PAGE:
American Alpine Jounrna and Accidents in North American Climbing

North America, Canada, Interior Ranges of British Columbia, South Howser Spire, Northeast Butress, Bugaboos

  • Climbs And Expeditions
  • Climb Year:
  • Publication Year: 1992

South Howser Spire, Northeast Buttress, Bugaboos. In the summer of 1990, Jon Turk and I climbed an excellent route on the left side of the east face of South Howser Spire. On the approach, we could see other inviting lines. In August of 1991, we returned to one of these and found it at least as good as the 1990 route. We ascended the edge between the east and north faces and finished on the north face. Two pitches of ice and seven of rock led directly to the summit. We climbed two intricate pitches of ice to a small cave at the bottom of the Ice Hose route. The Ice Hose had degenerated into a dirty, loose gully mostly devoid of ice. We stemmed out of the cave to gain the wall above and moved right for an easy pitch to a crack leading through a roof at 5.9. The crack led upward for two pitches to a rubble-strewn ledge on the northeast edge of the spire. We scrambled westward across the ledge for 75 feet to two soaring dihedrals, the second of which rose from the end of the ledge. Each of the left-facing comers was split by many cracks. We chose the first and followed it for two pitches of 5.10 to a tiny but level stance. From there a short, unprotectable pitch of 5.9 led to easier ground and the summit. We rappelled the Beckey-Chouinard gully directly back to our ice gear in the cave. The upper part of our route may or may not coincide with the north-face route done at 5.6, A2 as a part of the 1965 Chouinard-Lang-Rayson- Tompkins traverse of all three Howser Spires. In any case, it goes free on some of the best rock in the Bugaboos. (9 pitches, IV, 5.10.)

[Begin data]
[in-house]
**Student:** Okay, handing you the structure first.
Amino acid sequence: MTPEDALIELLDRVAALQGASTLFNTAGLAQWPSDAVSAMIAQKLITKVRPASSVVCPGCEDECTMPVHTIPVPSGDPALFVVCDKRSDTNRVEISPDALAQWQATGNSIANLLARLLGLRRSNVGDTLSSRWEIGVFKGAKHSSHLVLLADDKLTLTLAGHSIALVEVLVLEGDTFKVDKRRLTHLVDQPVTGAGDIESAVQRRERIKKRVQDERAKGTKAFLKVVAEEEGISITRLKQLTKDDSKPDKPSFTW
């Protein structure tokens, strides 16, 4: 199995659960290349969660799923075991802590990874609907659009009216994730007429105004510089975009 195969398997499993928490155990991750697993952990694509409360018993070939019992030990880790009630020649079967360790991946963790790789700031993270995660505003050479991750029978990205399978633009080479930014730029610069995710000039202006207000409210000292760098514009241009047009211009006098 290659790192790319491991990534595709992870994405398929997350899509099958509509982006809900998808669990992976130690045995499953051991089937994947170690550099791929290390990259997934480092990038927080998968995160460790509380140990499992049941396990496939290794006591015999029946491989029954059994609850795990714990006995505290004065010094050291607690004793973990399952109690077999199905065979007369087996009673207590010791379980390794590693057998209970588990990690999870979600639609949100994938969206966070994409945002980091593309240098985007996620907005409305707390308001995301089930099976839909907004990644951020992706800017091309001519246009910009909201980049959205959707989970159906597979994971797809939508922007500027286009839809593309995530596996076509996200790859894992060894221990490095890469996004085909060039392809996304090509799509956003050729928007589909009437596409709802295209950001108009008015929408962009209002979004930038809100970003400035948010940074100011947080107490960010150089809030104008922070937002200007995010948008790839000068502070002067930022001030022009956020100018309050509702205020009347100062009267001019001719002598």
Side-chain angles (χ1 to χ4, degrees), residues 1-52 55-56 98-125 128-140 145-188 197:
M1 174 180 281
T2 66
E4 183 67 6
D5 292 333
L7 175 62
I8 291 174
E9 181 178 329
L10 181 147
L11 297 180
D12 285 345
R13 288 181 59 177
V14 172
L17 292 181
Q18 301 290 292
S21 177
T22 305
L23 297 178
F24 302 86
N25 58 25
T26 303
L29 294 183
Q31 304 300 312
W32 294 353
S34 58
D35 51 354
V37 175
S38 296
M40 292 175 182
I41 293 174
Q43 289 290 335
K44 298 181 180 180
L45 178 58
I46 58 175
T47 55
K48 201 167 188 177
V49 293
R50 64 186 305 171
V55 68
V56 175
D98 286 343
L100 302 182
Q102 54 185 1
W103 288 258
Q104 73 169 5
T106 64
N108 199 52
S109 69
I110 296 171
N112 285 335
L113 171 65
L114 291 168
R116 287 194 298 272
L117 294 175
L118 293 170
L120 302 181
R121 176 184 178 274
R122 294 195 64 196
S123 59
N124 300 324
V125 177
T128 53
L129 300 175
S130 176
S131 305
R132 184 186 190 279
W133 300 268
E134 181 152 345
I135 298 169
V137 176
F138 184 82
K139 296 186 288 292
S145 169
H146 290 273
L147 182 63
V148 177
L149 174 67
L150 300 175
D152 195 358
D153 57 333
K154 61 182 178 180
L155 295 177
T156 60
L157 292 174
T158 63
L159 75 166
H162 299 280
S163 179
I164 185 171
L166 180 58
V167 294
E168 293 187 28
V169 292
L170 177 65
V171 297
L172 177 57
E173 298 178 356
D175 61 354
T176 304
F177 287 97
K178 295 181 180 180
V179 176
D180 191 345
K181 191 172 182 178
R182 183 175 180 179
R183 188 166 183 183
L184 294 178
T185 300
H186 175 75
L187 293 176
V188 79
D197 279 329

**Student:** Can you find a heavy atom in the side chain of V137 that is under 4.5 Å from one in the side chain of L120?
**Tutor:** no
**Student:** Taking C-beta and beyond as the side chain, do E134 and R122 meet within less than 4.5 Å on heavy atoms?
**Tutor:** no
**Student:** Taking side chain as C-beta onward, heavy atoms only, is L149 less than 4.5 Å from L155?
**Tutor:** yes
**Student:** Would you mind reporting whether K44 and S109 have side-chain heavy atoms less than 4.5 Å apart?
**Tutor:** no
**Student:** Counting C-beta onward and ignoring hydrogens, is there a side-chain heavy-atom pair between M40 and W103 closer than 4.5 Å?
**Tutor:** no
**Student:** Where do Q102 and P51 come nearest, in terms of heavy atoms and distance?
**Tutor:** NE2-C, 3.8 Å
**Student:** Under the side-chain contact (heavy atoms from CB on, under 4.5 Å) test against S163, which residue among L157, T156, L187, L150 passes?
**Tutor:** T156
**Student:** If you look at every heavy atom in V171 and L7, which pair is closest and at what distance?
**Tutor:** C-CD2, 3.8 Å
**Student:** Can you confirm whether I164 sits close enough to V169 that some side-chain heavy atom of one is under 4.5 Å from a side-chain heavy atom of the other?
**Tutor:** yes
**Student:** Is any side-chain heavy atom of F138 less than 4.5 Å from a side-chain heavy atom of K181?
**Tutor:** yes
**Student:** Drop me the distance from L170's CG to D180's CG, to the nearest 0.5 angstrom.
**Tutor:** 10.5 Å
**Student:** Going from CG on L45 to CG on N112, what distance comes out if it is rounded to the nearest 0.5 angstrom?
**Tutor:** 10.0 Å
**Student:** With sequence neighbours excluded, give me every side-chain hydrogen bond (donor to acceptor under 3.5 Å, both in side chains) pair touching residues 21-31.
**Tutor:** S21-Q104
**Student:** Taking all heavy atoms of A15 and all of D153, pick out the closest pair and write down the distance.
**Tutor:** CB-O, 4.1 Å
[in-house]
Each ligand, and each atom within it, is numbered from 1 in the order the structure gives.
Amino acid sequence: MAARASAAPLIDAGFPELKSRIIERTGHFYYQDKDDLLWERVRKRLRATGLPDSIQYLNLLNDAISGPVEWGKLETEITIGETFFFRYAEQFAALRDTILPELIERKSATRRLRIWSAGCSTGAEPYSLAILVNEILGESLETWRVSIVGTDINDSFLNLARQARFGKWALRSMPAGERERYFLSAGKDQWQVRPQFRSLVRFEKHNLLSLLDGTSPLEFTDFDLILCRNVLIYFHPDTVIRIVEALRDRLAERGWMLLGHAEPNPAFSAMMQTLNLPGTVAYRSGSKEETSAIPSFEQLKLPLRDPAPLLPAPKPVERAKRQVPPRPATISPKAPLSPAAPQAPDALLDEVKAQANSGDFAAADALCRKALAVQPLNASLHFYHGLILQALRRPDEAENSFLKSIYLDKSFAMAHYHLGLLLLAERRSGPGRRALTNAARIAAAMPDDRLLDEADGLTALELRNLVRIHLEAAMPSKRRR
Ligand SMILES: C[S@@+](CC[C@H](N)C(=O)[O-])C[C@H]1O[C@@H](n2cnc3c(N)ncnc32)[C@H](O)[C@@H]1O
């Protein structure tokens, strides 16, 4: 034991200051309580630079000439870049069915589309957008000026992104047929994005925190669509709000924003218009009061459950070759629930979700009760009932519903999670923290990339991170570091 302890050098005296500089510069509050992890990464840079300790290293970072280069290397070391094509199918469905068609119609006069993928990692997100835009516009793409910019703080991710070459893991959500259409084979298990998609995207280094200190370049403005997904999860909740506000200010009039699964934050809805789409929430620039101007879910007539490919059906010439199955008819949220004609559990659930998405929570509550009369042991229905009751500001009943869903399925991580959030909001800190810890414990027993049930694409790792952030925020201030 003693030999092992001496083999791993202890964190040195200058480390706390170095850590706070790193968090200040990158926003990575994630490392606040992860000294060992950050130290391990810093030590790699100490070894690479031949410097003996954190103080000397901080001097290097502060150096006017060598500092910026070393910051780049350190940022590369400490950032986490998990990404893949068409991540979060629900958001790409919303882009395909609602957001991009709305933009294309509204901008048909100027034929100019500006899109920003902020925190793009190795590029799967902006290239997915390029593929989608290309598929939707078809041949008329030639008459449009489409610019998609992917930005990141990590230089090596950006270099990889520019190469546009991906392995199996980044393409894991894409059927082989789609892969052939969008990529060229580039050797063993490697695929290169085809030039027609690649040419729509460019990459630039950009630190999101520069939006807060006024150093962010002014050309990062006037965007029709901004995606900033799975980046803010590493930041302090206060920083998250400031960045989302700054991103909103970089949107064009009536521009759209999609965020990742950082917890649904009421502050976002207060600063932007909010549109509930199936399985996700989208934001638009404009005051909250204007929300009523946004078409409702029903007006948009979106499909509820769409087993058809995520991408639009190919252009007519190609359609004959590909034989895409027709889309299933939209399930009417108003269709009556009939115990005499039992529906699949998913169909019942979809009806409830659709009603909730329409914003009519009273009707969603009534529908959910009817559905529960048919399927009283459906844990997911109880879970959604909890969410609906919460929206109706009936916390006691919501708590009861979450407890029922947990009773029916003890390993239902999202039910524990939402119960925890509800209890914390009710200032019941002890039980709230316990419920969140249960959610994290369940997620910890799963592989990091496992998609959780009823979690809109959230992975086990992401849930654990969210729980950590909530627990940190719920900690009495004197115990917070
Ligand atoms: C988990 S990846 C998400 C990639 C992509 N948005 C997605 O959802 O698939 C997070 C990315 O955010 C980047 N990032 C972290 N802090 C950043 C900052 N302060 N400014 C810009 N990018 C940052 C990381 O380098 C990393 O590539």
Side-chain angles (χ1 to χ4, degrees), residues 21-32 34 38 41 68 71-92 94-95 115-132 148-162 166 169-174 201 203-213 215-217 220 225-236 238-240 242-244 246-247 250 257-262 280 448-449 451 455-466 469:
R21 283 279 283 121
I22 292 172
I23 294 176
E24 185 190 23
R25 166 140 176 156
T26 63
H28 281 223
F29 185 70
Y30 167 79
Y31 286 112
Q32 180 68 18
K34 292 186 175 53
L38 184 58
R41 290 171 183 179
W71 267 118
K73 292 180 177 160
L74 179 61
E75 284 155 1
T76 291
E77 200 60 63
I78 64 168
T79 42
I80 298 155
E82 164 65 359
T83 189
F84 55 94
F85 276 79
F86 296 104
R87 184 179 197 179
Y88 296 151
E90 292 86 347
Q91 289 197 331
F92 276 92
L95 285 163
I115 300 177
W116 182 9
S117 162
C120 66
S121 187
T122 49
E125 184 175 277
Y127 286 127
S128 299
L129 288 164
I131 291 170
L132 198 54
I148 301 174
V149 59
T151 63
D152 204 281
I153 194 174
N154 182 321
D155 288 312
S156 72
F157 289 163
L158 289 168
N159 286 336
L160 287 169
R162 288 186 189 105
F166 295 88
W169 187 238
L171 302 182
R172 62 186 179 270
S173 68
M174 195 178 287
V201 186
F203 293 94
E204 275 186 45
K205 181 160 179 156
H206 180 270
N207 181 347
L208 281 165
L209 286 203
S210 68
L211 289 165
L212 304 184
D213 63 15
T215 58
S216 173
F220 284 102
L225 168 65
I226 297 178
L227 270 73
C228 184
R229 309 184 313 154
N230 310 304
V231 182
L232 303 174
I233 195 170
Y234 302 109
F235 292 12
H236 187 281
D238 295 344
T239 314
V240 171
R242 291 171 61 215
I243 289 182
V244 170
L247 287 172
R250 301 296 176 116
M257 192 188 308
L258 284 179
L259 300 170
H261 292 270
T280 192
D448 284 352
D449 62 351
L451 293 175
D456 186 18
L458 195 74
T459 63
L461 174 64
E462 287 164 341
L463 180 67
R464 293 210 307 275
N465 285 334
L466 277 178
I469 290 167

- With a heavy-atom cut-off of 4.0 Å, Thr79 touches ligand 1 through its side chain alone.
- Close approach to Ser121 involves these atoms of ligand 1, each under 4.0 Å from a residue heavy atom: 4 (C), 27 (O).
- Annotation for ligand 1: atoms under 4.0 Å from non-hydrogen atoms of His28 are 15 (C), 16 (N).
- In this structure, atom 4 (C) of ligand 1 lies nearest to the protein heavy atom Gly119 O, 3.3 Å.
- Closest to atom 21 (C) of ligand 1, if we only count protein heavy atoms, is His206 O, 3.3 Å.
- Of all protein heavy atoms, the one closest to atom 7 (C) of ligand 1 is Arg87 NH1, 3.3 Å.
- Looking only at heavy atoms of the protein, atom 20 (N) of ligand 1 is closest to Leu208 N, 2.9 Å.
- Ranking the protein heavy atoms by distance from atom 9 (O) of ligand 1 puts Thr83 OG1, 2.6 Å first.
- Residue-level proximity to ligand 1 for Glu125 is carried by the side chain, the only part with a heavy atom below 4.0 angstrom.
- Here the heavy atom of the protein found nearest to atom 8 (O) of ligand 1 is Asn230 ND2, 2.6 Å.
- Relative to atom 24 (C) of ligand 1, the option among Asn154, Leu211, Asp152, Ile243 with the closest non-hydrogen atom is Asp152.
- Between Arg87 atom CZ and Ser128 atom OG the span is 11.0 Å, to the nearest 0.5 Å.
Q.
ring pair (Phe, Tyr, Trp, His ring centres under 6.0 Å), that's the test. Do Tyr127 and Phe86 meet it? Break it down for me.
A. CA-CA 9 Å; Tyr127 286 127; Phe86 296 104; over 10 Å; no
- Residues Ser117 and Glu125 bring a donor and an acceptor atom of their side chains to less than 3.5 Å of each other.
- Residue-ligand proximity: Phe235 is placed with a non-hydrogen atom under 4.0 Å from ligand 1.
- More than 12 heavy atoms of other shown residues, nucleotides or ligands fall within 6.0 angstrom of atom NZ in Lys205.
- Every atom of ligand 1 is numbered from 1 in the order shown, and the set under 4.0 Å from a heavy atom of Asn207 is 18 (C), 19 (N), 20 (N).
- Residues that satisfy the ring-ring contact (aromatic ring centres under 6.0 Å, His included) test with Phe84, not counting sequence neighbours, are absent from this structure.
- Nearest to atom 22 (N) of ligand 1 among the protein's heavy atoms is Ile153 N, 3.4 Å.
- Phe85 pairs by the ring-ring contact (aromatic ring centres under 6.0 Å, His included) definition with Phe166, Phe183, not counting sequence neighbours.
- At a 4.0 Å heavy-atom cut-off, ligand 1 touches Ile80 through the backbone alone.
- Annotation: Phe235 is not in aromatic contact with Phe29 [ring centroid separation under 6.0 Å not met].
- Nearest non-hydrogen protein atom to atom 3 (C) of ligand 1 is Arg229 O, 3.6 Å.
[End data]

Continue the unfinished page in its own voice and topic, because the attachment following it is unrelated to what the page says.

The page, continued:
Gray Thompson

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